I'm James Maxey, the author of numerous novels of fantasy and science fiction. I use this site to discuss a wide range of topics, with a heavy emphasis on cranky, uninformed rants about politics and religion and other topics that polite people attempt to avoid. For anyone just wanting to read about my books, I maintain a second blog, The Prophet and the Dragon, where I keep the focus solely on my fiction. I also have a webpage where both blogs stream, with more information about all my books, at jamesmaxey.net.


Thursday, May 18, 2006

W.H.Horner interview

The following interview was written for the Writers Group of the Triad Newsletter:

My short story, "Pentacle on His Forehead, Lizard on His Breath" saw print at the end of April in the anthology MODERN MAGIC: TALES OF FANTASY AND HORROR, published by Fantasist Enterprises, edited by W. H. Horner. The anthology is the best I've yet had a story appear in, with twenty-six terrific tales and thirty-five gorgeous illustrations by artist David Seidman. Fantasist Enterprises is a small press that is developing a reputation for high-quality books. One key to their success is their pay-rates, which are competitive with larger presses. But the real key to success lies in the hard work and dedication of publisher W. H. Horner.

I knew something special was going on when, wearing his editor hat, Horner did something very strange: He edited me. I've had stories appear in about a dozen magazine and anthologies, and usually the story has appeared in exactly the format I submitted it, with editorial feedback limited to correcting typos (if that). But Horner made several suggestions to improve the flow of the story. One exchange that impressed me was a series of emails where we discussed the sentence, "Sure, my stuff is illegal," versus, "Sure. My stuff is illegal." (Note: In case your browser is as unreliable as mine, in the first sentence "sure" is italicised, while "my" is italicised in the second.) I wanted the "sure" to be heard as sarcasm, but as I had written the sentence, it could easily have been read as an affirmation of the illegality of the speaker's product. Horner's attention to detail wasn't restricted to correcting grammar. He actively worked to help me sharpen the music of the story. It was a rewarding experience that earned my respect.

To find out more about W. H. Horner, I conducted an e-mail interview where I asked a few questions about Fantasist Enterprises:

JM: What inspired you to start Fantasist Enterprises?

WHH: I have always been in love with story. Especially stories that inspire awe and wonder. I wanted to create books that carry that spark of imagination. During my college years, I also discovered that I have a passion for helping other people say what it is they are truly attempting to say. I love helping my authors make a story the best it can be. FE is truly a labor of love.

JM: Professional short story markets are disappearing, at least in the genres of science fiction and fantasy. Markets like the now defunct Amazing Stories were gateways for new talent. Do you see the small press filling that gateway role?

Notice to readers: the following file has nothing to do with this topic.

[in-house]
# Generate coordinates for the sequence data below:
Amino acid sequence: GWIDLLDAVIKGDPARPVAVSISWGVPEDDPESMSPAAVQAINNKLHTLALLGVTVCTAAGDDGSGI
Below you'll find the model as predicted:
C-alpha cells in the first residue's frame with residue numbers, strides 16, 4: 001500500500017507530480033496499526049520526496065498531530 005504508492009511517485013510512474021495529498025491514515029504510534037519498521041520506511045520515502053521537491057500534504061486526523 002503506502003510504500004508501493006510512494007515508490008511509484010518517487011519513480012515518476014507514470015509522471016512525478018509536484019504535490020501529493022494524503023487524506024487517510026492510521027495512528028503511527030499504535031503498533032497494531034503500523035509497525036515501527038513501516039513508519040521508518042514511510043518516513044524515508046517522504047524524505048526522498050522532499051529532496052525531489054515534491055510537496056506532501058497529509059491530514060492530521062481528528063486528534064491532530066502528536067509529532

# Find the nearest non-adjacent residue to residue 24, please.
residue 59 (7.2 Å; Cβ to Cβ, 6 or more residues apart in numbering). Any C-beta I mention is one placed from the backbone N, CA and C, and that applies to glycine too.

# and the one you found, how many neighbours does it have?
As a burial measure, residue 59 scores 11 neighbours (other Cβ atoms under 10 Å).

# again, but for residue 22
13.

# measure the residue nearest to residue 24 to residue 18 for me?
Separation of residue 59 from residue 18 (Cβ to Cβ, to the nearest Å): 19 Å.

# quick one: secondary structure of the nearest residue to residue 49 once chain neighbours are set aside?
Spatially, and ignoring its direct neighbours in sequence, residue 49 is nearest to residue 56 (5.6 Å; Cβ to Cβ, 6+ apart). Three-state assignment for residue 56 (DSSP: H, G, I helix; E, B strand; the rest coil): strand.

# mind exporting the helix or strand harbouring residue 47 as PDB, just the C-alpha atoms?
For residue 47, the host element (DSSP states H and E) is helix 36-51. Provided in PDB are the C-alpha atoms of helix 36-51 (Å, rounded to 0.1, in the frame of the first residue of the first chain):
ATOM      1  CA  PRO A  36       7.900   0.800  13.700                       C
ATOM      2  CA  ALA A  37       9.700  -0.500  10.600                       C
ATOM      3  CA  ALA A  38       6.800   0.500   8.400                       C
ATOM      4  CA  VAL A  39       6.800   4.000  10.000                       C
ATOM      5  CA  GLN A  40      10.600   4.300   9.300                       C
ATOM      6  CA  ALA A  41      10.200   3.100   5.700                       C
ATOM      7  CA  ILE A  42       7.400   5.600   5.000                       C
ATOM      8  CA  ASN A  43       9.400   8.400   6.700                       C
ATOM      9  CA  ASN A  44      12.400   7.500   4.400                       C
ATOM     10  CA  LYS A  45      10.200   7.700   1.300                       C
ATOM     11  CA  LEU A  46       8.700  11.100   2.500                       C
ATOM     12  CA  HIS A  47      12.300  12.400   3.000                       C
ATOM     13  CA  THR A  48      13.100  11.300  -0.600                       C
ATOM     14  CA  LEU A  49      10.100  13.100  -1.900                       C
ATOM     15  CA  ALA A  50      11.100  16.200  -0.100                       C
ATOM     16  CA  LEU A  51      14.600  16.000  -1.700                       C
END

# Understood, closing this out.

WHH: I love small presses because they are more likely to take chances and stir things up. I see anthologies and the fiction magazines as excellent opportunities for writers to start up their careers by putting some short story sales under their belts, and to learn a bit about the publishing world. Not that it's a requirement in order to sell a novel to one of the big houses, but having those credits will make you look a bit more professional and dedicated.

Small presses can also give authors a chance to play with new concepts and characters. One established author in MODERN MAGIC was recently requested by her agent to take characters from her story and write a novel centering on them. It's very exciting to be able to say I was there in the beginning of something.

JM: One interesting aspect of the themed anthologies you've brought to press so far (2004's CLOAKED IN SHADOW: DARK TALES OF ELVES and the just released MODERN MAGIC: TALES OF FANTASY AND HORROR) is that they are heavily illustrated by a single artist. Which comes first for you? Does a particular artist's work inspire you to think of a theme, or do you think of the theme and then search out an appropriate artist? Am I correct in assuming that you have the artist signed on before you start signing authors?

WHH: It depends on the book. With CLOAKED, Star Sutezzo sent me a sample of her art, including the piece that eventually became the cover. It inspired me to see what people could do with the theme of evil elves. MODERN MAGIC came about because so many of the submissions to CLOAKED were set in modern times, and I wanted to see what other stories people could tell in our world with fantasy and horror elements. David Seidman had sent me his portfolio months before the idea struck, and I knew he would be perfect with his ability to create very real images of fantasy. It was a similar process with BASH DOWN THE DOOR AND SLICE OPEN THE BADGUY and BLOOD AND DEVOTION, with Chris Chua and Michael Dixon, respectively. So far, I've had an artist signed on before I made a final decision on the lineup of stories. In a way, it helps with the selection process, because as I read, I look for scenes that would make great illustrations in the artist's style.